Updated: Mar 30
People with Borderline Personality Disorder (BPD) are known to have unstable relationships. Which are often experienced as toxic. Aside from the fact that people with BPD generally create conflict in their relationships, they are often unconsciously attracted to those who also display toxic behavior.
In this article, we'll discuss why someone with borderline keeps getting themselves into toxic relationships, how to get out of a toxic relationship, and how to avoid toxicity altogether.
Toxic tendencies in relationships from someone with Borderline
The core problem for someone with BPD lies in their fear of being abandoned. As a result, they display behavior that comes from jealousy. When the person with BPD feels abandoned, which can come out of the blue, they often exhibit 'push' and 'pull' behavior. They 'push' their partner away and start little conflicts to test if their partner would fight for them and the relationship. The 'pull' part then comes into play because the person with BPD wants to do everything to not be abandoned.
Idealization and quickly devaluing the partner due to splitting is also one of the main reasons the relationship experiences a lot of conflicts.
BPD and the toxic relationship cycle
Someone with BPD might keep saying that they want to find a partner who is kind, considerate, gentle, loyal, honest, and compassionate, and yet they keep finding themselves with someone who is quite the opposite. But why is someone with BPD attracted to someone toxic, and how can we break that cycle?
While they may say they'd prefer someone with more positive qualities, they seem to be blinded to those people when they show up in their lives, and there's some psychology behind it. It is correlated to our childhood, our relationship with our parents, and their relationship with one another. At that moment, we get our first impressions of relationships and form habits and beliefs about love. If we have a parent who is distant, neglectful, egocentric, or abusive then there's a tendency to wind up with partners who embody those same characteristics.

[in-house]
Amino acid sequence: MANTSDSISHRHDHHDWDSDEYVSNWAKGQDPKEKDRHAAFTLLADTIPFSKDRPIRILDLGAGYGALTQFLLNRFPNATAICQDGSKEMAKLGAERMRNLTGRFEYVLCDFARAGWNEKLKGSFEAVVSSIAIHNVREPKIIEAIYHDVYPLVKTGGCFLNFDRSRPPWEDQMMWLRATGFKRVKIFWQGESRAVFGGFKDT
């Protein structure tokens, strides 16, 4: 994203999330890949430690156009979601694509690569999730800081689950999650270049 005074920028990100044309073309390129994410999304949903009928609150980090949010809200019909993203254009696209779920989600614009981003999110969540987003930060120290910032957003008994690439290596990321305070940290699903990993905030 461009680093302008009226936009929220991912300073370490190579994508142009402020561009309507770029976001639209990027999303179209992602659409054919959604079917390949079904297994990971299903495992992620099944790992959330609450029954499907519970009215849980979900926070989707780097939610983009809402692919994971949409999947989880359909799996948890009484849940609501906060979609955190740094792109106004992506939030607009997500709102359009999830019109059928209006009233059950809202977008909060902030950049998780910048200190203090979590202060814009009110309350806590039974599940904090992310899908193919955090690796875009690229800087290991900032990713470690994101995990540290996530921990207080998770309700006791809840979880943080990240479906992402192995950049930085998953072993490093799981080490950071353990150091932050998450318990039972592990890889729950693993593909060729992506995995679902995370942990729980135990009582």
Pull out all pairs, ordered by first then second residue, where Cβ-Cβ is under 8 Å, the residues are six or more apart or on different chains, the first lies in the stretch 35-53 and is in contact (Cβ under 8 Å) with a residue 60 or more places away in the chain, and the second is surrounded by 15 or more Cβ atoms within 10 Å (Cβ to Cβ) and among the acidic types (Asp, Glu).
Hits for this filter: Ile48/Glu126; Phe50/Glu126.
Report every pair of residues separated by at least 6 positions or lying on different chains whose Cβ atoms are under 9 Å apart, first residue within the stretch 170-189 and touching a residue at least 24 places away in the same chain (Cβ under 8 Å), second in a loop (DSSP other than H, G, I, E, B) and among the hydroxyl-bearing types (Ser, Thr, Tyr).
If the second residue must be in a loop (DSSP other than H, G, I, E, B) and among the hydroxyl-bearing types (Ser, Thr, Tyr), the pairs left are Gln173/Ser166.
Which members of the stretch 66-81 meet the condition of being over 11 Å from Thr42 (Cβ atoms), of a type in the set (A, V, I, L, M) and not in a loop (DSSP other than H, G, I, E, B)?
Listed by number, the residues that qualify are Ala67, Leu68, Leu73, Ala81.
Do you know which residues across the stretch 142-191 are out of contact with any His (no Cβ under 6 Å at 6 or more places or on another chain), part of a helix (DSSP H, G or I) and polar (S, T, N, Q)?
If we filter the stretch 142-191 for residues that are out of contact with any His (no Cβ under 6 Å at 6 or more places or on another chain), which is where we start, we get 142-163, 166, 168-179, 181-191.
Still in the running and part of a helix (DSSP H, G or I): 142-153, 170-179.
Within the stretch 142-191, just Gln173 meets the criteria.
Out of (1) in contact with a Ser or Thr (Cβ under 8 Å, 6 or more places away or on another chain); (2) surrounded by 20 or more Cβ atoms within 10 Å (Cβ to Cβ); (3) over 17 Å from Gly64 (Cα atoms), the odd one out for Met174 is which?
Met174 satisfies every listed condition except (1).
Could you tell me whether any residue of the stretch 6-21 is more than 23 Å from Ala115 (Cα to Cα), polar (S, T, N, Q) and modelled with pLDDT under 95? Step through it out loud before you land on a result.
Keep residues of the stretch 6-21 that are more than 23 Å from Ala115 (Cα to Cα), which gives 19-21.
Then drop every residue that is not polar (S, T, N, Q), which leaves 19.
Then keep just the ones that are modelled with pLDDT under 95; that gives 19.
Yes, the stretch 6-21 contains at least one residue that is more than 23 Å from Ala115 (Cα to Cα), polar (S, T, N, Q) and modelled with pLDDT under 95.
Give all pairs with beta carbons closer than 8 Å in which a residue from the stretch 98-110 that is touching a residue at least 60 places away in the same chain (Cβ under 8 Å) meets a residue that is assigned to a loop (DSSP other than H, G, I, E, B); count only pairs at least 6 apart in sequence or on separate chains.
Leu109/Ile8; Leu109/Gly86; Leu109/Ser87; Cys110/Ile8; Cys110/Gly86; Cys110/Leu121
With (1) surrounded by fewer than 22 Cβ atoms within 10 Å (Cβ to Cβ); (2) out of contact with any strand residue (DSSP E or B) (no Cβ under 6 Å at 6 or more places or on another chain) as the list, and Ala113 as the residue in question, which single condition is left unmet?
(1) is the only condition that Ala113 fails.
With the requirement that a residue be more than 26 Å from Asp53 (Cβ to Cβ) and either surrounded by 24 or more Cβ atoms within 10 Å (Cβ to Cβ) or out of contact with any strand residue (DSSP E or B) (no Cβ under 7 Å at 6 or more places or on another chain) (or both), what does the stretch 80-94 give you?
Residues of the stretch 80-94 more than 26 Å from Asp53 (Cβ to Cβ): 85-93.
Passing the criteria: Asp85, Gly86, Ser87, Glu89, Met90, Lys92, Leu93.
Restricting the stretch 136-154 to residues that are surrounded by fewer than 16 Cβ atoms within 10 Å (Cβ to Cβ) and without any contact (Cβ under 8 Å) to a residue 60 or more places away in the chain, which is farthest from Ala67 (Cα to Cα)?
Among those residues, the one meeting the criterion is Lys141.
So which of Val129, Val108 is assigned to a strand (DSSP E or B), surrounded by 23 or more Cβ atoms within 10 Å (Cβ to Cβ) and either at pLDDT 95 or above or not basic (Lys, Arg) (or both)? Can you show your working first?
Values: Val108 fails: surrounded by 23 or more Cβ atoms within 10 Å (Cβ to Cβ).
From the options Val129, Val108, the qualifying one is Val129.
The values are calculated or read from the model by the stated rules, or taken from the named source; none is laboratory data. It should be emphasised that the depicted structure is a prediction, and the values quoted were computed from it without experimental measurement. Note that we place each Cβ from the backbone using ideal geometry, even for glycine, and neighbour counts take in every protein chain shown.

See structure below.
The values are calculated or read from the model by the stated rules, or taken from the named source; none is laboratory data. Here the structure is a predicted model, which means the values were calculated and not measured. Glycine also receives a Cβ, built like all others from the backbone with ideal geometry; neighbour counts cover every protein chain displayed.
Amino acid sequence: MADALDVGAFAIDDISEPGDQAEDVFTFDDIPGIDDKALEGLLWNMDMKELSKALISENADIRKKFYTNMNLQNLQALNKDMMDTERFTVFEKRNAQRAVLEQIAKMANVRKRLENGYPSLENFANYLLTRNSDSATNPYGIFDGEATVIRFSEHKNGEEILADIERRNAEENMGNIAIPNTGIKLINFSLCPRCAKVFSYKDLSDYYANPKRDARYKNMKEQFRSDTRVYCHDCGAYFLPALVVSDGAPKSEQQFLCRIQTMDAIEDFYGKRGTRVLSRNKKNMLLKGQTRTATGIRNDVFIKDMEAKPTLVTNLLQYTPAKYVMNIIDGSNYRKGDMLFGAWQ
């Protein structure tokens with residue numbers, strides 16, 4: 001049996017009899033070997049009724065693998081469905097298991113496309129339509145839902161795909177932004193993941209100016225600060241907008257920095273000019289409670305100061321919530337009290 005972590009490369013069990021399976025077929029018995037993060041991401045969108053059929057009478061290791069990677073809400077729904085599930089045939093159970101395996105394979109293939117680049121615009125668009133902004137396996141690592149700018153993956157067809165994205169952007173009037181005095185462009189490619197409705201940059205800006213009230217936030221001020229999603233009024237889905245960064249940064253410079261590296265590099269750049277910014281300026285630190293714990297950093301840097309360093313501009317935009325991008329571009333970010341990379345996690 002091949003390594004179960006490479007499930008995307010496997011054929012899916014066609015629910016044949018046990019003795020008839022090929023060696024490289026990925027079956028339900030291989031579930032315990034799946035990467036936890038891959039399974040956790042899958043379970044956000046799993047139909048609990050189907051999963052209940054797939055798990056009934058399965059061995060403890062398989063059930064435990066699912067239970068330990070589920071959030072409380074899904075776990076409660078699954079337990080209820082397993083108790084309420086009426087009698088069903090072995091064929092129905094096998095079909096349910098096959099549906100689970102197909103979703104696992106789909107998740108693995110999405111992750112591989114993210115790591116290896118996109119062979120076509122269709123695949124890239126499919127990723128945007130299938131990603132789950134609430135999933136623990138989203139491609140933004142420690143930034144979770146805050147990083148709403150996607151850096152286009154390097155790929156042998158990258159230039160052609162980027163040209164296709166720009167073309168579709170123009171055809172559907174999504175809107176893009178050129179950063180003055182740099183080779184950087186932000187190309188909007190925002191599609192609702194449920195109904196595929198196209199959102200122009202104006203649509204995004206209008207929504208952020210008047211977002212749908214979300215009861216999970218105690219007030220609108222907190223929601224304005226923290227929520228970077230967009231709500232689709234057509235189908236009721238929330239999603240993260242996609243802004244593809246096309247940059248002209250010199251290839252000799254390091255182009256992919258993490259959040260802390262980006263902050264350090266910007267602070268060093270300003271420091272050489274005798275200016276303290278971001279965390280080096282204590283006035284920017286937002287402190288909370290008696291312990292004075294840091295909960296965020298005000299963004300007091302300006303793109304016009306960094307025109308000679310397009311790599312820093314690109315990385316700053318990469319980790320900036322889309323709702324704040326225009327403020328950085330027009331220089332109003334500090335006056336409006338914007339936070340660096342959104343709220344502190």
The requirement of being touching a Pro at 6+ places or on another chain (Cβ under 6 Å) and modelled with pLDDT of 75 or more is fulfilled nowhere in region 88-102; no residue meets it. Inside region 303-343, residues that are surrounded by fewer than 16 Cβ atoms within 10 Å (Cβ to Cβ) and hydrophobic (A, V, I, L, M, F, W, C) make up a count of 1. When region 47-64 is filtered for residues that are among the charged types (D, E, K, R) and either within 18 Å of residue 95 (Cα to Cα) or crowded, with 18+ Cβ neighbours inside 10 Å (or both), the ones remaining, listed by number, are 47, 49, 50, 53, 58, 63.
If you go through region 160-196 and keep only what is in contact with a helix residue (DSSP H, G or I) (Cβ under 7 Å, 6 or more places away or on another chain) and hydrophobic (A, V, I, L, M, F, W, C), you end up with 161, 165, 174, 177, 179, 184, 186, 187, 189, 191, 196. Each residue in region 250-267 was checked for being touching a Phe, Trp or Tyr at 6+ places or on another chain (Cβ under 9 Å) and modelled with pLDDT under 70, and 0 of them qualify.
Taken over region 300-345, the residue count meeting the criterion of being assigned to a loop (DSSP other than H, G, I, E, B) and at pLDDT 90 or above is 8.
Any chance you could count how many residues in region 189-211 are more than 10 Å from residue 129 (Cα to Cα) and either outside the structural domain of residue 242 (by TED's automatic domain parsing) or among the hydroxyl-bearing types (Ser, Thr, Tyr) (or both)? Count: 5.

Because when we meet someone who has the same characteristics, there's a familiarity that feels comforting. Someone who has all the positive qualities may lack that sense of familiarity and doesn't interest us. It is known that BPD is often caused by childhood trauma related to parental relationships. As a result, they prefer the excitement of conflict because it's familiar and perhaps because it's chemically addictive.
When you come close to breaking up but then decide to get back together, it's like hitting the reset button and starting the relationship all over again. Just like starting a new relationship, you experience euphoric hormones like serotonin and oxytocin. People with BPD mistake the chemical high for love, and as long as they're dependent on that high, they're going to keep creating conflict in their relationships or stay with someone who creates conflict.
Leaving a Toxic Relationship